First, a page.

Music plays a vital role in the success of film and television productions. In any given scene, the right music can maximise the tension, fear, anxiety or conversely the joy, excitement or otherwise of the drama unfolding. On the other hand, the wrong music can impose and grate on the viewers senses – distracting from an otherwise compelling performance.
|Robert Sheehan & Ben Barnes in 'Killing Bono' (2011)|
Getting the music right of course doesn’t just impact on the production and how it is perceived by the audience; a successful score and track placement can garner extra publicity and attention for the production, particularly when it spawns a hit record and the resulting sales of the soundtrack add a significant additional income stream and a myriad of marketing opportunities.
Planning the use of music in a production is vital if the optimal result is to be achieved. The earlier a producer knows which music will work and the budget available to obtain it, the more likely it is that the rights will be successfully obtained in good time.
Before embarking on an explanation as to how to go about clearing the use of music in a production, it is important to explore which rights must be cleared for various uses and the varying sources for these clearances.
The music that we all hear day to day on radio, TV and the internet is generally commercially released music – this can include everything from chart hits to obscure underground music released by small record labels around the world. In every piece of this music the rights are twofold:
A. The Composition
B. The Recording
This can cause confusion amongst those beginning to grapple with the rights issues. It seems easier to fathom for instance that a set of rights exist in a film script and another set of rights in a film (a performance and recording of the film script) than it is with a piece of written music and the actual performance and recording of it. With music it may help to visualise a piece of sheet music (the composition comprising the musical notes and lyrics) acquiring one set of rights and the subsequent performance and recording of that music acquiring a separate sets of rights.
The Blanket Licence and the Composition
A composer will usually assign some of his rights to a collection society (IMRO/MCPSI in Ireland*) and very often the remaining rights will be signed to a publisher. IMRO/MCPSI in turn grant blanket licences to broadcasters and production companies for certain limited uses of music. For instance, if an episode of Fair City has a hit song playing in the background in a scene set in the local pub, this will likely be covered by the blanket licence as an incidental use. If however the song was to feature more prominently in the production then the producer or music supervisor may need to approach the composer/ publisher for a specific licence to use the song in the desired manner.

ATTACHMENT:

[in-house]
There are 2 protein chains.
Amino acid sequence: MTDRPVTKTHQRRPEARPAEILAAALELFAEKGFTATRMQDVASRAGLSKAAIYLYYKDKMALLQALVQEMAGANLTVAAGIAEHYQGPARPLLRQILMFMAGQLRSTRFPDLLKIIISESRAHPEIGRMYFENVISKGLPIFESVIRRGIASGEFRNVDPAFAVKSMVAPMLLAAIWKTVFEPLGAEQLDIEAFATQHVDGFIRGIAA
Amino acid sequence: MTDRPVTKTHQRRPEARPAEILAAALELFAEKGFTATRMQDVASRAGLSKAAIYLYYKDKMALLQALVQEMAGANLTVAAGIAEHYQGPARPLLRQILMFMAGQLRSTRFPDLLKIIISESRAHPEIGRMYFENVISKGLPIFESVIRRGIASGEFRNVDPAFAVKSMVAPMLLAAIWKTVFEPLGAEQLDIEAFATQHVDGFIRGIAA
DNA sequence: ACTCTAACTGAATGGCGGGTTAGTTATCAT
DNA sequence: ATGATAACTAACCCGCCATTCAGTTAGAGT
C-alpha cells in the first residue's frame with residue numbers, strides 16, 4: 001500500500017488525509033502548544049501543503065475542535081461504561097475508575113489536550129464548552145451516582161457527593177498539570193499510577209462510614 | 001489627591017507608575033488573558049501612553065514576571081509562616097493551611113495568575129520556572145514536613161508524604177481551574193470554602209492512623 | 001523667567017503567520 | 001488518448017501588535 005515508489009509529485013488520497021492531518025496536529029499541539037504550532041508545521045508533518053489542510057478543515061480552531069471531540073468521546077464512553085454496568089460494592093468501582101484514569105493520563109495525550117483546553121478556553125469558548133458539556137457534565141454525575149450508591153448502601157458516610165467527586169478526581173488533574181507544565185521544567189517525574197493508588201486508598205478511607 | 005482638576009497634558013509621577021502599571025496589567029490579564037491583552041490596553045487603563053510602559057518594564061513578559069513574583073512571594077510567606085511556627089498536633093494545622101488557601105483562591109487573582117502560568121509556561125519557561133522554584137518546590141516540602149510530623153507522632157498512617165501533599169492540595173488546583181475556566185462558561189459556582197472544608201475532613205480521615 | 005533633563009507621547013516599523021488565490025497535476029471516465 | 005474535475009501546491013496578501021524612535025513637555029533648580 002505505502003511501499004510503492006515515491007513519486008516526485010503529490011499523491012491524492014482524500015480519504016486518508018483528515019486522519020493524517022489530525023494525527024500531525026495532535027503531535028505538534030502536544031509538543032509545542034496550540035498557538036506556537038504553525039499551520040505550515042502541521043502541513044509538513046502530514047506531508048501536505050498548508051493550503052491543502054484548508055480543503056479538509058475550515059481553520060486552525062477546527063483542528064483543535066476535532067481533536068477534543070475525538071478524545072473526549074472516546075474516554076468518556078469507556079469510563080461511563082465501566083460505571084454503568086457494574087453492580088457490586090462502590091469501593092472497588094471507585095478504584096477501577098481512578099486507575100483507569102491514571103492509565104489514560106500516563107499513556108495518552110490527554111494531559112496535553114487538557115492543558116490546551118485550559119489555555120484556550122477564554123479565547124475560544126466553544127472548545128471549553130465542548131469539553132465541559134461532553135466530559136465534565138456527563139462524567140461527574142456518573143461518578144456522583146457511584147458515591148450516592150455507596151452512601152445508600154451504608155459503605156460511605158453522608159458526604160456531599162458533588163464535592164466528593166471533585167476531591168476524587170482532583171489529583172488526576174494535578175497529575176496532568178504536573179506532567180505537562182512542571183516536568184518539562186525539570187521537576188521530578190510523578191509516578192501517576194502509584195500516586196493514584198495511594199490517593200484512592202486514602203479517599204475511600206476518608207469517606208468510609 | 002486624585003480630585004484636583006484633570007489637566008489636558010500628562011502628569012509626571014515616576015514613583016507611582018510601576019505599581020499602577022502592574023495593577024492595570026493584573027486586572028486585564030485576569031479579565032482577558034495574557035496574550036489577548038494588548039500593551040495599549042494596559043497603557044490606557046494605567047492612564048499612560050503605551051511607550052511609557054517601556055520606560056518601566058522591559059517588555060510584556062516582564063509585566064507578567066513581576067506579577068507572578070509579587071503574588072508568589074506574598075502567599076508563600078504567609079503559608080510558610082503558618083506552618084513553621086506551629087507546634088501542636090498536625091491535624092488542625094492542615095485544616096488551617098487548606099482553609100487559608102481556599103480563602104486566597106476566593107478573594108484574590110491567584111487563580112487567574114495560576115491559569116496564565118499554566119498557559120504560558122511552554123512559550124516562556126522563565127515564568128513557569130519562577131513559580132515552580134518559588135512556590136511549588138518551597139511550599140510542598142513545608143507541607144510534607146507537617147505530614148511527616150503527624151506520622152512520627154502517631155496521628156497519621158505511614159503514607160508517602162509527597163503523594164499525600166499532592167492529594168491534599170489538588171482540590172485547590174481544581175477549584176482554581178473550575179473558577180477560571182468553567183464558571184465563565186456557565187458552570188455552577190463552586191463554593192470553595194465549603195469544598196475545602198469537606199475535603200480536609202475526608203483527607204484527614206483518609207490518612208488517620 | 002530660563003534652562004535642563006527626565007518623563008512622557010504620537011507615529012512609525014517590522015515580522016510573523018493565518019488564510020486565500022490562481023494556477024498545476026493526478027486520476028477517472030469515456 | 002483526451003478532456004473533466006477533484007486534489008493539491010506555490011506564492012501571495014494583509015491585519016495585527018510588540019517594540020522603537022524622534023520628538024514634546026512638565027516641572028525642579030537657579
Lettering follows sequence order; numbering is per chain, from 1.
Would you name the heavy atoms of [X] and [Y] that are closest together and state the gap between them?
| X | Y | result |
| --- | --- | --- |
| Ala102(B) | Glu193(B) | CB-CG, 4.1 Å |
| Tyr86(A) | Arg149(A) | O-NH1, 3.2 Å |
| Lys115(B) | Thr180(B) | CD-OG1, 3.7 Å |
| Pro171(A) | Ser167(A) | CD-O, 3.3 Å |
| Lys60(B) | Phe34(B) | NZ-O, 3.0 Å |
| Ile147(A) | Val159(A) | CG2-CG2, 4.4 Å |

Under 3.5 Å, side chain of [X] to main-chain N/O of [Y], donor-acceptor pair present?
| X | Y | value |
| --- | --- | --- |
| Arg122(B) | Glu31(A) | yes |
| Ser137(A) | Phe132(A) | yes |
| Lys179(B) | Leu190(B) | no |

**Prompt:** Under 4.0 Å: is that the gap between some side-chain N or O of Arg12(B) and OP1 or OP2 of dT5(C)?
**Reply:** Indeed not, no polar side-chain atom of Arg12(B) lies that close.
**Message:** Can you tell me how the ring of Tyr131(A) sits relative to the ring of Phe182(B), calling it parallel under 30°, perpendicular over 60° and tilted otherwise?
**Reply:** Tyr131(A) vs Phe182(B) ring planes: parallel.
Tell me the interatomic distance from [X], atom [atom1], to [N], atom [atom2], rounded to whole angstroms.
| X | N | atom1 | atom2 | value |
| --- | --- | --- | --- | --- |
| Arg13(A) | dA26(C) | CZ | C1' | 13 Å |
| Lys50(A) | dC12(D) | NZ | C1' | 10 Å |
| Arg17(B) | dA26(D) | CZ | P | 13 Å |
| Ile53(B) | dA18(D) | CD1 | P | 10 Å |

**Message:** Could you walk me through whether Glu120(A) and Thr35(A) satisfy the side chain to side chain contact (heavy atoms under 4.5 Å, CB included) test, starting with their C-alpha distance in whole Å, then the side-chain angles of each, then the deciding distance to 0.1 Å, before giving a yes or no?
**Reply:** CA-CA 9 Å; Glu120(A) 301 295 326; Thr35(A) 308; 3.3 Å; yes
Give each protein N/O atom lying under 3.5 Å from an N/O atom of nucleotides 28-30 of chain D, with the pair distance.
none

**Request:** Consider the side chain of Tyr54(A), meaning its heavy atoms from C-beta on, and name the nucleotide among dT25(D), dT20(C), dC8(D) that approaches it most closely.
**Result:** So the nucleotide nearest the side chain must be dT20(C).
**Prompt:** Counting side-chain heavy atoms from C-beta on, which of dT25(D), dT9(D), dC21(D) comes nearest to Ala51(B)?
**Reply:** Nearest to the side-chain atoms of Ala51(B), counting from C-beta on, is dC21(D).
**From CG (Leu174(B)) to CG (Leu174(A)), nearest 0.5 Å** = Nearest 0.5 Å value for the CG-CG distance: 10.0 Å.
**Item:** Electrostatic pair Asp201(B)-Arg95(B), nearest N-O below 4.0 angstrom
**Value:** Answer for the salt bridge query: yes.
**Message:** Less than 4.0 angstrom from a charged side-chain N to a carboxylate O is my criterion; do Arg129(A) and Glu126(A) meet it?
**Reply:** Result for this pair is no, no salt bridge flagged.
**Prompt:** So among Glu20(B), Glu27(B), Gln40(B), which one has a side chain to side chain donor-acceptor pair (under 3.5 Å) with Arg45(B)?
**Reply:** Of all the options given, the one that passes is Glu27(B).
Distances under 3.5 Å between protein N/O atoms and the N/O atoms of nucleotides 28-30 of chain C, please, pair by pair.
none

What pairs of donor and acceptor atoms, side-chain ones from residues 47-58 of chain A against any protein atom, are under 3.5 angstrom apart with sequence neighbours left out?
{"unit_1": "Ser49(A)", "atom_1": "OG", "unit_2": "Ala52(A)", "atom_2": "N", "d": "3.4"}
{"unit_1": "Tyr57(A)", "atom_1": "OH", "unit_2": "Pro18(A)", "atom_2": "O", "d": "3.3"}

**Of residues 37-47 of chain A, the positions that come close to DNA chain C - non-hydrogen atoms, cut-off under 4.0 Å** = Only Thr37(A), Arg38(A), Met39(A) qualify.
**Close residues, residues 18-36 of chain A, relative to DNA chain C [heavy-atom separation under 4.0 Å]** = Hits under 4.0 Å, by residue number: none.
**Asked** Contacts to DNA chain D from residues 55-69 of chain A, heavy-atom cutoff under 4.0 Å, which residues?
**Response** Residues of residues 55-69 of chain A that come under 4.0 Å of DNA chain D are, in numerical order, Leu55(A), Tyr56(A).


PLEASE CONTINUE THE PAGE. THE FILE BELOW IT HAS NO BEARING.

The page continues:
Producers should determine whether they are covered by their commissioning broadcasters licence or if they should obtain an Independent Production Company Blanket Licence (IPC) by speaking to MCPSI early in the production process. If it’s a one-off production or requires unusual clearances an individual synchronisation licence tailored to the specific use may be more appropriate.
The Blanket Licence and the Recording
PPI*** provide blanket licences for use of recorded music to broadcasters but not to production companies. A production that has been commissioned by an Irish broadcaster may have some clearances covered by a blanket licence. It is advisable for the producer to communicate with PPI regarding this. If the use falls outside of the blanket licence the individual record label or owner of the master may need to grant a specific licence.